The success of a cooking course to promote mental well-being and self-confidence has inspired both the people who took part and the man behind it – television MasterChef quarter finalist Chef Matei Baran.
Over 12 weeks Matei – who lives in Wallsend and is known as the Big Chef – taught the trainees how to cook and work together and found the motivation to tackle his own weight problem, while one of the novice chefs said Kitchen Therapy had changed his life.
“I was isolating myself from everybody, I wouldn’t go out, I wouldn’t go anywhere,” said 62-year-old John Elliott from Hartlepool. “Since being on this course I’ve met some lovely people – lovely friends – and I don’t know where I would have been without it. I might have still been at home or in a hospital.
“Kitchen Therapy has given me a lot of help and support. Chef Matei has been brilliant. He’s helped me all the way.”
At the launch of the project Chef Matei revealed how his struggles with his own mental health had led to a suicide attempt when he was 20 and that working in a kitchen had been his salvation.
The 41-year-old, who weighed more than 28 stones when he appeared on MasterChef: The Professionals in 2016, is now determined to address his physical health.
Since the start of Kitchen Therapy he has lost four stones through exercise and cutting down on sugary drinks. His Type 2 diabetes is under control, his blood pressure is normal, he feels the healthiest he has been in years and is determined to rid himself of the Big Chef label.
“Mental and physical health are obviously intertwined. You’re not going to feel great about yourself when you’re nearly 30 stones,” said Matei.
He has had positive talks with the Newcastle United Foundation and Sunderland’s Foundation of Light about running Kitchen Therapy courses and has just announced details of a challenge to raise money for them as well as Middlesbrough’s foundation.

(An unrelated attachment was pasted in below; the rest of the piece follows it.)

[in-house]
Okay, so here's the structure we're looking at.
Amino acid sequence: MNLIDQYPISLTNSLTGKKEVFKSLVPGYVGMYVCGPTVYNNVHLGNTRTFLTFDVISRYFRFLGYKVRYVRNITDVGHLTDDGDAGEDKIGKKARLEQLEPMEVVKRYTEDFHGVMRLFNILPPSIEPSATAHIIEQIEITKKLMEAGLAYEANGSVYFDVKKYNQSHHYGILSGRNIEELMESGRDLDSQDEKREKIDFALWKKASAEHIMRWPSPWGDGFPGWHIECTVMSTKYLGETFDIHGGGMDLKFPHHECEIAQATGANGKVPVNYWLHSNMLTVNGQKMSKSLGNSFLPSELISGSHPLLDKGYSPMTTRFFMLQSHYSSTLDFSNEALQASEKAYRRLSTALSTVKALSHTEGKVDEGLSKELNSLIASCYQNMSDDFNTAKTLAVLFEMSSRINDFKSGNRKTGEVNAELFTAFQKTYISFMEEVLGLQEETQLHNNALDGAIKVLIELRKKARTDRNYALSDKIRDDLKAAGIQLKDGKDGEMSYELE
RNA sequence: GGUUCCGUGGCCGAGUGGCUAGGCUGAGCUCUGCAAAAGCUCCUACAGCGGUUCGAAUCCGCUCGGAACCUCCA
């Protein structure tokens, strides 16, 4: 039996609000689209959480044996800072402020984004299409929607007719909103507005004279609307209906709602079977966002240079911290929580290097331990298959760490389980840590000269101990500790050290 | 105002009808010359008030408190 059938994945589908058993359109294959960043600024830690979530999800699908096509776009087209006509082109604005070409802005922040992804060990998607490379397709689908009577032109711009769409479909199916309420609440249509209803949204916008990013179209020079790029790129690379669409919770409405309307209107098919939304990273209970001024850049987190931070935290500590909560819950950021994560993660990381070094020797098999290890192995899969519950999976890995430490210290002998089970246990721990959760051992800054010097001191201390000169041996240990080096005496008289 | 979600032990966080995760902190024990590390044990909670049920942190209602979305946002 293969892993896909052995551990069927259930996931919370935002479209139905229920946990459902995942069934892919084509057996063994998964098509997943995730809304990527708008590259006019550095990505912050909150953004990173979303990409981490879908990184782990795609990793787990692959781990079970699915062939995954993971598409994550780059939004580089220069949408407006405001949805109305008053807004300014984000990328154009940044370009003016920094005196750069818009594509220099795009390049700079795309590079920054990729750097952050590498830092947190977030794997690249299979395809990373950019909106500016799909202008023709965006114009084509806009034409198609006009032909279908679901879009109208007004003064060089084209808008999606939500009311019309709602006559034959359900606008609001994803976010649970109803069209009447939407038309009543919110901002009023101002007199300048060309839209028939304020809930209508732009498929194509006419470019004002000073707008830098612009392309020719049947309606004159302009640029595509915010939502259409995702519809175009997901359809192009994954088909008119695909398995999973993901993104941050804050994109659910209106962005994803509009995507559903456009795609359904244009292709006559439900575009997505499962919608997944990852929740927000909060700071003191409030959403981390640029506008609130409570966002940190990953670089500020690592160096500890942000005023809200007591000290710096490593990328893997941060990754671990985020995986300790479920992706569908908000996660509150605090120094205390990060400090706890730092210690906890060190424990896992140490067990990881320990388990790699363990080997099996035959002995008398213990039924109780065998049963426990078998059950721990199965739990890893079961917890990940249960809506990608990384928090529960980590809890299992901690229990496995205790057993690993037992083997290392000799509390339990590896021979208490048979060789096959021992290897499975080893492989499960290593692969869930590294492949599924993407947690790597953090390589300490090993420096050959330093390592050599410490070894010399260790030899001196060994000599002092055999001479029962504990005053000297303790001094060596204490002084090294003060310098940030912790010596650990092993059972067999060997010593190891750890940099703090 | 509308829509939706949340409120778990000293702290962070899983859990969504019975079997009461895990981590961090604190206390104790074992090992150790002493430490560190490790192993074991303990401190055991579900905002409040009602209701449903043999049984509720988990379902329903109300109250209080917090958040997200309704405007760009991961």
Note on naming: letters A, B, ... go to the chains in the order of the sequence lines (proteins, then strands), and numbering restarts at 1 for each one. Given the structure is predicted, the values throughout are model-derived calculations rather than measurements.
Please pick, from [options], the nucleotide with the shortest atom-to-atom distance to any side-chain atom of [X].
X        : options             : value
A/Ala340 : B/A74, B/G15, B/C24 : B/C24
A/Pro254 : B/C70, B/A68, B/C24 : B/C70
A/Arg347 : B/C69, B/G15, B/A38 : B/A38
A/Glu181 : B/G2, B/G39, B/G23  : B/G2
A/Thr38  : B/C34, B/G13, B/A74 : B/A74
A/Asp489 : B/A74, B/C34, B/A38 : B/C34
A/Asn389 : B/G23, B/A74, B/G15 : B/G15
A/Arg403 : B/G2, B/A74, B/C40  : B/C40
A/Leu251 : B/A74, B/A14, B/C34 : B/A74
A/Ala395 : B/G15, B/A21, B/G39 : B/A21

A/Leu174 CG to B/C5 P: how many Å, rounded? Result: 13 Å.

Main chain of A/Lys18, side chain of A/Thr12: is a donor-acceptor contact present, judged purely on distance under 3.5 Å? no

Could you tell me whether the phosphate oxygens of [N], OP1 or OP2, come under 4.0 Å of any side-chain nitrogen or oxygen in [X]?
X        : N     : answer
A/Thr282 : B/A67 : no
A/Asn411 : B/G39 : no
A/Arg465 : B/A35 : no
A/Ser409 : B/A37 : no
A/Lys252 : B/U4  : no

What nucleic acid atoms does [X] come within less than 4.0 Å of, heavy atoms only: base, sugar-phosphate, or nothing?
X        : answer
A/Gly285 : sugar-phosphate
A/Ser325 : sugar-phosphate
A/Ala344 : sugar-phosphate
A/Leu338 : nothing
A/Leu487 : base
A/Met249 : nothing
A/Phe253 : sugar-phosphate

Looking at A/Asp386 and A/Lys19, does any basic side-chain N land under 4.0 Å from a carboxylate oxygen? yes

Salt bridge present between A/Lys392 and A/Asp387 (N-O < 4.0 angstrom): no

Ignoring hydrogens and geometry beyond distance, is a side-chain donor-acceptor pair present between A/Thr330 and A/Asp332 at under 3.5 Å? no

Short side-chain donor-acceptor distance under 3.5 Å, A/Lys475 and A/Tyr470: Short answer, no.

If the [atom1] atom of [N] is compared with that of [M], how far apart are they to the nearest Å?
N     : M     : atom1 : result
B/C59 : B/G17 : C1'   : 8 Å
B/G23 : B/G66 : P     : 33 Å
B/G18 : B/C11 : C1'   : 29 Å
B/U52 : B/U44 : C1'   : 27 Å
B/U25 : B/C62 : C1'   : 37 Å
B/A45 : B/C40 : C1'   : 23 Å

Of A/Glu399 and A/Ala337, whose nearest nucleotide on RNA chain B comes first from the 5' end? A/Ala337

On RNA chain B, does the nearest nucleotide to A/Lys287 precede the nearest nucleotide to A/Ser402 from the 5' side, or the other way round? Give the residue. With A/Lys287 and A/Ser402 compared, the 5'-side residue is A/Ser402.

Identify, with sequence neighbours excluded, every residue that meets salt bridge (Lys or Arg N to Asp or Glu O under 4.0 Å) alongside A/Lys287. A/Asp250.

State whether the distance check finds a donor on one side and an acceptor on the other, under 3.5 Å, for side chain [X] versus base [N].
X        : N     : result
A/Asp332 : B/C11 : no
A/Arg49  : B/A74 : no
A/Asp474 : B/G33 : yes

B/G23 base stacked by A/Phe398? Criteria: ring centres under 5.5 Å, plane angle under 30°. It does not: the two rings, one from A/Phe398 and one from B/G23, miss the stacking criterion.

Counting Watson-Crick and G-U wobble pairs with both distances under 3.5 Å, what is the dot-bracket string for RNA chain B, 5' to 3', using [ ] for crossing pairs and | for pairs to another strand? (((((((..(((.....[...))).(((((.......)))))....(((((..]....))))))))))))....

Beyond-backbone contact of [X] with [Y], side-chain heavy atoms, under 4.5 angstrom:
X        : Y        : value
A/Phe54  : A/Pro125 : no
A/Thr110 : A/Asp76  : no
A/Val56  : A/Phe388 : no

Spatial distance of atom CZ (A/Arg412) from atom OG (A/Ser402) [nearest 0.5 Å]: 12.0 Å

On 4 December he will walk nearly 50 miles from Middlesbrough’s Riverside Stadium, via the Stadium of Light, to St James’ Park.
“For me this is all about becoming the Iron Chef,” he said. “But more importantly I want to show other people with weight problems that anything is possible. It’s all about breaking down barriers – to health and even football rivalry.
“A few months ago I couldn’t have walked 50 yards, never mind 50 miles. I know it’s going to be tough but I will take my inspiration from John and the other people who took part in Kitchen Therapy. They were brave enough to do something they never thought they would do. Now it’s my turn.”
The initial Kitchen Therapy project is culminating with evenings at two of Teesside’s top restaurants.
The first took place at the Al Forno restaurant in Middlesbrough where Matei’s team of chefs prepared a five-course tasting menu for 50 paying guests to raise money and increase awareness of the battle many people have with their mental health.
Proceeds from the evening will support the MFC Foundation, which was Matei’s partner – alongside Middlesbrough College – for the first Kitchen Therapy course.
Alan Geddes, MFC Foundation’s events and fund-raising co-ordinator, said the people who took part were “superstars and heroes”.
He added: “The first time we met, everybody sat in their own corners in their own world and didn’t speak to each other. The change has been unbelievable
“Kitchen Therapy is a fantastic, fantastic idea which has instilled and inspired hope and confidence in everybody who took part.”
More information about Matei’s Iron Chef Challenge will be published soon. In the meantime the first Kitchen Therapy trainees will come together again on 17 October to prepare food for guests at Chadwicks restaurant.